Date of Award

Spring 5-7-2021

Level of Access Assigned by Author

Open-Access Thesis

Degree Name

Master of Science (MS)


Quaternary and Climate Studies


Bonnie Newsom

Second Committee Member

Daniel Sandweiss

Third Committee Member

Eric Guiry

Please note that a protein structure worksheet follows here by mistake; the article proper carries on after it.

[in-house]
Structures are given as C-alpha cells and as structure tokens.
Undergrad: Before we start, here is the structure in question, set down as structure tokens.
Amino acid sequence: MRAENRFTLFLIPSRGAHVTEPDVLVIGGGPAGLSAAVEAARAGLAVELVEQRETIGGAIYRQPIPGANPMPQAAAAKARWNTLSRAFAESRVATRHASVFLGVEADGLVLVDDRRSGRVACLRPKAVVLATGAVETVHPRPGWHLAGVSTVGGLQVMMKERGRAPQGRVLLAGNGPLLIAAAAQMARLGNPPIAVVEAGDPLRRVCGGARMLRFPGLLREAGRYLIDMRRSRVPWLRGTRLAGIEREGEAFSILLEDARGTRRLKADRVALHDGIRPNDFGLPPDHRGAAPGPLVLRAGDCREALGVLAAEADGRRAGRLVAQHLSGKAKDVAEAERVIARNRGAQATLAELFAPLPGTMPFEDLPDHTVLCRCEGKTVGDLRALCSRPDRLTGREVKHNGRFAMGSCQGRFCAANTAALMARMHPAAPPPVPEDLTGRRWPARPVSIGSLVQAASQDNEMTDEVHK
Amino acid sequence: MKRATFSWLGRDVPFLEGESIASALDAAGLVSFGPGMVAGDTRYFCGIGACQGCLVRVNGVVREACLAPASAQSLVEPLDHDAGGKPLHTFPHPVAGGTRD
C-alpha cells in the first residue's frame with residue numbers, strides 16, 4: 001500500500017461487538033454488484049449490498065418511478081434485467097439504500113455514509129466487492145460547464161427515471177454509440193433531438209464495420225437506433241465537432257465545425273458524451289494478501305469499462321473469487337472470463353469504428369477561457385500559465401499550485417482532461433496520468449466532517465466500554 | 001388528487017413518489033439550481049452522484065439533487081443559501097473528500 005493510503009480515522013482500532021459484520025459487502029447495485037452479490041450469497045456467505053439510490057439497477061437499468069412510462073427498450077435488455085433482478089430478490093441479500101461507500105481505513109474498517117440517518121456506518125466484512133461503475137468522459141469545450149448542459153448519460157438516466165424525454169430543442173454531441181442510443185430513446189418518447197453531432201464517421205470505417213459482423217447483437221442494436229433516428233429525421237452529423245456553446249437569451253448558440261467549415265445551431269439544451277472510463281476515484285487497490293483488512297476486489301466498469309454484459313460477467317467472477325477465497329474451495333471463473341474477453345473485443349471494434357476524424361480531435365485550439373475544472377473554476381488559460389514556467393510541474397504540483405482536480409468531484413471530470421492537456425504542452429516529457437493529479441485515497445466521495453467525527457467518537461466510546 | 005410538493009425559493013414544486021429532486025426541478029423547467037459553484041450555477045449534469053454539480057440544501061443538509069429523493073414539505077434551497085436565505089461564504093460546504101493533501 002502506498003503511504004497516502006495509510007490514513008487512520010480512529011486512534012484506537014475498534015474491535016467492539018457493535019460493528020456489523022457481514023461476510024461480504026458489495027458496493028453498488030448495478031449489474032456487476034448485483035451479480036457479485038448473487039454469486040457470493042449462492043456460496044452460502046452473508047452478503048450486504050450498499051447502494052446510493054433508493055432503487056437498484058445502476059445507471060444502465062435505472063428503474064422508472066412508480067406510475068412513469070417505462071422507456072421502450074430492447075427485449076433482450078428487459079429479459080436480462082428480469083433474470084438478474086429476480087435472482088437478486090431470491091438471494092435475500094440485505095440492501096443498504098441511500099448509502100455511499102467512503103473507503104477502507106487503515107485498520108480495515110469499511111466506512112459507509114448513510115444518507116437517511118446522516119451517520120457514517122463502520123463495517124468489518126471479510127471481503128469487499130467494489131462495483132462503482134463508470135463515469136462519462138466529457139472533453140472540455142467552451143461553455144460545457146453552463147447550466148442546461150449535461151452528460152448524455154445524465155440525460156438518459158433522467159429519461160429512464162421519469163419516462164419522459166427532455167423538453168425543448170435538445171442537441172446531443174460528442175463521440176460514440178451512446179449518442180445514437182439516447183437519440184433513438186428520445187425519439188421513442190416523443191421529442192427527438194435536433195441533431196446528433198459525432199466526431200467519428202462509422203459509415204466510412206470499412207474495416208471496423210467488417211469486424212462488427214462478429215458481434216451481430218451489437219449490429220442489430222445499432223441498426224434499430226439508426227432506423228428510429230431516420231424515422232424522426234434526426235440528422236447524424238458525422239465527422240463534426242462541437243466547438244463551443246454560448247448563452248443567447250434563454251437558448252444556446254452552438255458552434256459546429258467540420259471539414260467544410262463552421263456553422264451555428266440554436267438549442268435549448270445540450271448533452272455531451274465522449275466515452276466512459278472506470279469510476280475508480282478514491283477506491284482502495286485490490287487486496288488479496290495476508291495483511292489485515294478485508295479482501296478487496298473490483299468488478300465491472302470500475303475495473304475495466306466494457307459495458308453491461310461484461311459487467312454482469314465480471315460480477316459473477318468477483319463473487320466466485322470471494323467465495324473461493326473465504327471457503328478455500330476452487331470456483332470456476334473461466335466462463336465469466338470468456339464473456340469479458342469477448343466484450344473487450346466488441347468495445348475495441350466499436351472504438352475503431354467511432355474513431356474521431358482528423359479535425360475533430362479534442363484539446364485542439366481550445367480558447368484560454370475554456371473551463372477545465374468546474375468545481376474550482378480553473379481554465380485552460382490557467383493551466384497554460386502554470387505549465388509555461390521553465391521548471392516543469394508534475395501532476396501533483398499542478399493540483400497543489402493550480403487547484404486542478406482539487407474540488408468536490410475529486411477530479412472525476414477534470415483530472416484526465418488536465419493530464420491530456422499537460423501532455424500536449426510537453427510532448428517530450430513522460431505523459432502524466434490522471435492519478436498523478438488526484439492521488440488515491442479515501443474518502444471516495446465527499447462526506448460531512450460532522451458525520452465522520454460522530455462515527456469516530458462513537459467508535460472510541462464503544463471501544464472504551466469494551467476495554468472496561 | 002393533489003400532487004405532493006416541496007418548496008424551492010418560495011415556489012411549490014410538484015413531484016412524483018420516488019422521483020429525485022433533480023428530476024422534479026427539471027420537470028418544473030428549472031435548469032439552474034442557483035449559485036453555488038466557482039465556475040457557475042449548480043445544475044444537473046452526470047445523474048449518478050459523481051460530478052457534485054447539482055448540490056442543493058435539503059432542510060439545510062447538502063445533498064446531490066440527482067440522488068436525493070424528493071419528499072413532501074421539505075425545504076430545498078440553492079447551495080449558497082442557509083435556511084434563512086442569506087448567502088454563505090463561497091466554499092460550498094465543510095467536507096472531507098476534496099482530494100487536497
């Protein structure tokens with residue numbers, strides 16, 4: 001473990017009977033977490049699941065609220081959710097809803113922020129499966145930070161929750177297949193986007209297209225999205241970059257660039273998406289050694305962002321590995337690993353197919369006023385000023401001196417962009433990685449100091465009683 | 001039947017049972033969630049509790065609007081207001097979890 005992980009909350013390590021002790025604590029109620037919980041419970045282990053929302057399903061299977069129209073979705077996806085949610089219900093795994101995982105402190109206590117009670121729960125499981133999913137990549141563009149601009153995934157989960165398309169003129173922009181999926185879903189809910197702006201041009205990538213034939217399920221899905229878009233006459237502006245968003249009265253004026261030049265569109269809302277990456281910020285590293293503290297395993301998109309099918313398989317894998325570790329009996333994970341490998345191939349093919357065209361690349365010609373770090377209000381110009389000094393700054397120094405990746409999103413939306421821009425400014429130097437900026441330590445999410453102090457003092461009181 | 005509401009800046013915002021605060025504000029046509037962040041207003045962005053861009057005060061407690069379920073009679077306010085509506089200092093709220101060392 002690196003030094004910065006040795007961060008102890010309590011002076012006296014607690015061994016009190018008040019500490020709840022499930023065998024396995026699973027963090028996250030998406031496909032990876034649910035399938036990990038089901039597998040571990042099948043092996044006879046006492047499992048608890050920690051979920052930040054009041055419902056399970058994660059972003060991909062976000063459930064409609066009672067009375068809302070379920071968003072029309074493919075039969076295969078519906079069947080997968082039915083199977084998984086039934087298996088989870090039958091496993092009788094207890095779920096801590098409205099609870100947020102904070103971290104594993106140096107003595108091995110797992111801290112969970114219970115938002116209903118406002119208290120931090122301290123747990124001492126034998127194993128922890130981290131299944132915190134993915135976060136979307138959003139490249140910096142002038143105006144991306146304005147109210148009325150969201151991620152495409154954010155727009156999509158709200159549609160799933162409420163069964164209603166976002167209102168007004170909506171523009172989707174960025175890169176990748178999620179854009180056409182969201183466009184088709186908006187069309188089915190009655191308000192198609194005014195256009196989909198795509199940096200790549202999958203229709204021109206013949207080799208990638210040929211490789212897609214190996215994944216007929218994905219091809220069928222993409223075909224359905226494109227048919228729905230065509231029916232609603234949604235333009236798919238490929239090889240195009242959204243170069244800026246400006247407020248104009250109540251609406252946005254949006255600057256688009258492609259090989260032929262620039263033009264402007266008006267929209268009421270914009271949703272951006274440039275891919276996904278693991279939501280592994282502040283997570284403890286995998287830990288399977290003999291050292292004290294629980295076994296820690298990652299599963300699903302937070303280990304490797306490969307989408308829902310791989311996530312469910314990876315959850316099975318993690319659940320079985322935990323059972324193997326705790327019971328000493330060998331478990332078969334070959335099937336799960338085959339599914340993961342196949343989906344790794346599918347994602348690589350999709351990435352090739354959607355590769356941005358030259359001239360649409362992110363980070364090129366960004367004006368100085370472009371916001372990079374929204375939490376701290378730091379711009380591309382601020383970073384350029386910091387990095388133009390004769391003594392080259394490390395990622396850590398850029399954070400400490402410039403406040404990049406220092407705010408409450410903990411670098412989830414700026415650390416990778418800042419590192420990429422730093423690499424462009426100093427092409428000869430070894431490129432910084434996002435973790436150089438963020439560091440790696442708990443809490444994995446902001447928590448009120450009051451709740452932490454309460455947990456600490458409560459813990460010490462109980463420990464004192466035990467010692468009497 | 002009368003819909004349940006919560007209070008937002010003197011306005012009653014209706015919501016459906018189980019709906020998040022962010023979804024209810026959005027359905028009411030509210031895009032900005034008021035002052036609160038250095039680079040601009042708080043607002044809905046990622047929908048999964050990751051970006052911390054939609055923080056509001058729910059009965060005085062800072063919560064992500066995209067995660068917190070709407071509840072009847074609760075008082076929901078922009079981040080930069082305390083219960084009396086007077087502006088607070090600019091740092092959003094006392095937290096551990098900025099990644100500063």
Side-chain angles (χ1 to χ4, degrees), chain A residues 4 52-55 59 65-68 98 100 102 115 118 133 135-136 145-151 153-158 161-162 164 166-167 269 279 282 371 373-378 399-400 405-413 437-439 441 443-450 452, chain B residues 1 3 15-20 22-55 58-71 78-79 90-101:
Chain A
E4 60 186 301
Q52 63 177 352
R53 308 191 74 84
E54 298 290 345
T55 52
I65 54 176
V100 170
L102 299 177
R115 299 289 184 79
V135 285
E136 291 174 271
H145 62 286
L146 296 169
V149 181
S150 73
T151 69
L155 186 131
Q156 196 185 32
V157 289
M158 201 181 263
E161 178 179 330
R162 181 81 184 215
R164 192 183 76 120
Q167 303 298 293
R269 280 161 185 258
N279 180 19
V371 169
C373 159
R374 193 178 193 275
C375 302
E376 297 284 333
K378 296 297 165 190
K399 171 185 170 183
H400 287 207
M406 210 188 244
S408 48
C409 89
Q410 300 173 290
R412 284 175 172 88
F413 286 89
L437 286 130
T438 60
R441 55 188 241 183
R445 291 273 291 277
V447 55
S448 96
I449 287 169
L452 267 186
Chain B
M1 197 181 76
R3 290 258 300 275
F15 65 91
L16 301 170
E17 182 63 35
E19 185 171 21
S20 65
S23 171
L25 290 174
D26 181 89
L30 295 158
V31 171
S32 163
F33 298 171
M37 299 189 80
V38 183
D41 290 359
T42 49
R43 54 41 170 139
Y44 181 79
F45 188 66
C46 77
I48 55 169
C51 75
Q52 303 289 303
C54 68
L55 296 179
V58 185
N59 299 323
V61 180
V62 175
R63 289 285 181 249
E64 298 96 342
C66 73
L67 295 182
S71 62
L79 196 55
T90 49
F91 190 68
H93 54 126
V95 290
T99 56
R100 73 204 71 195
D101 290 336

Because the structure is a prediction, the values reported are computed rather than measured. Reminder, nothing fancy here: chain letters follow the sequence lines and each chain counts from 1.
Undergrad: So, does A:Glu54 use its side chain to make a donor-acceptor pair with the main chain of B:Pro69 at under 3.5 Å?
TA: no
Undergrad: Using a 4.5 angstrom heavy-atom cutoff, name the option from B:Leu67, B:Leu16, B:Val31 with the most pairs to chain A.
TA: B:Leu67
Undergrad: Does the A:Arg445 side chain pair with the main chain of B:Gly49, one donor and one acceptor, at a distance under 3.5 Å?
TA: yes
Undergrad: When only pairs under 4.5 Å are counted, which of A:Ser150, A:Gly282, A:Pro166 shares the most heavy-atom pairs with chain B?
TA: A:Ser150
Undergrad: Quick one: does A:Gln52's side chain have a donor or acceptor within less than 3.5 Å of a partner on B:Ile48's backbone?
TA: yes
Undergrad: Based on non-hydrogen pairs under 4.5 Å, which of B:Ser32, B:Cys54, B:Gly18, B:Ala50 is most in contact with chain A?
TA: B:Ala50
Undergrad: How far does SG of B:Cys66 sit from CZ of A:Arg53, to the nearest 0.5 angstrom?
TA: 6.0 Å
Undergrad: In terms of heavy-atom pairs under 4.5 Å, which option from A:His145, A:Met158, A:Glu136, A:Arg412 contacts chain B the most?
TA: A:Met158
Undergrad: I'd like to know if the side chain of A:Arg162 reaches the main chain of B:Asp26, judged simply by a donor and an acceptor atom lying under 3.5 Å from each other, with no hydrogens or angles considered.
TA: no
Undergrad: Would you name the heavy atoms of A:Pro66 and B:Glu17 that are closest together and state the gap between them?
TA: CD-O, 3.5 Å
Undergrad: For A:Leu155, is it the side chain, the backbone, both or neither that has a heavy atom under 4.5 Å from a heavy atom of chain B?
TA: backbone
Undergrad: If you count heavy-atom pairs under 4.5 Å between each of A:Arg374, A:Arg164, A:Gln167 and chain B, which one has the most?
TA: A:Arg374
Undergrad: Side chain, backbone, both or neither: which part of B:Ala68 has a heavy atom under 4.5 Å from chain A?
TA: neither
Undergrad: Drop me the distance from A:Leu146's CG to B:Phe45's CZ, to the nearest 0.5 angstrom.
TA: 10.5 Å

Archaeological study of Indigenous pasts has been characterized by a focus on objects over people. This study attempts to humanize the past by illuminating human agency in the human-dog relationship through a case study of dog health and diet during the Late Ceramic period (ca. 950 – 450 BP) in the Maine-Maritime Peninsula region. To circumvent the cycle of western knowledge building and marginalization of Indigenous communities, past Wabanaki people and their relationships with dogs are positioned at the center of research questions presented here. Few studies in the Northeast have analyzed dog remains from the Ceramic period (ca. 3050 – 450 BP) and none from the Late Ceramic period for subsistence trends. This thesis addresses that gap and evaluates dog diet and human and canine relationships through an analysis of canine faunal collections at the Holmes Point West site (ME 62-8) in Machias Bay, Maine. Special emphasis is placed on legacy canine collections representing the remains of two dog burials excavated in 1973. A minimum of four canine individuals are the subject of analyses undertaken here. Individuals are contextualized through investigation of available health and pathology information, existing site records, relevant historical and ethnographic accounts, regional ceramic chronologies, and new and established radiocarbon dates. These traditional lines of evidence are complemented by a study of bone collagen stable isotopic values of δ13C and δ15N derived from canine individuals for information about past diet. Dietary evidence from dogs is used as an analogy for human diet, following the Canine Surrogacy Approach (CSA), which is based on established understandings of social and food-sharing practices at the heart of the human-dog relationship. This method has been used by researchers to infer human diet when human remains are unavailable or not preferable for study. Findings suggest that canine individuals at the Holmes Point West site may have fulfilled diverse roles, based on the varying ages of individuals present and wide-range of depositional contexts. Stable isotope analysis suggests that canines consumed an increasingly terrestrially-oriented diet ca. 600 BP, a change from the overwhelmingly marine-oriented diets of canines during the earlier Ceramic period. Overall, results suggest major subsistence changes for dogs and potentially Wabanaki people at the Holmes Point West site during the Late Ceramic period, a period of intermittent contact between Europeans and Indigenous people. This case study offers a new approach for understanding subsistence changes in the region and provides a framework to examine human agency through the remains of dogs. This research addresses several gaps in regional archaeological datasets. Dog remains from an understudied time period are examined, addressing calls by previous researchers in the region for more contextualized case studies to further our understanding of human and dog dietary relationships. This research also helps to address gaps that exist between the ethnographic and archaeological records for the Late Ceramic and Protohistoric periods. Lastly and most importantly, this case study underscores the importance of the human-dog relationship within a hunting, fishing, and gathering community in the Maine-Maritime Peninsula region.

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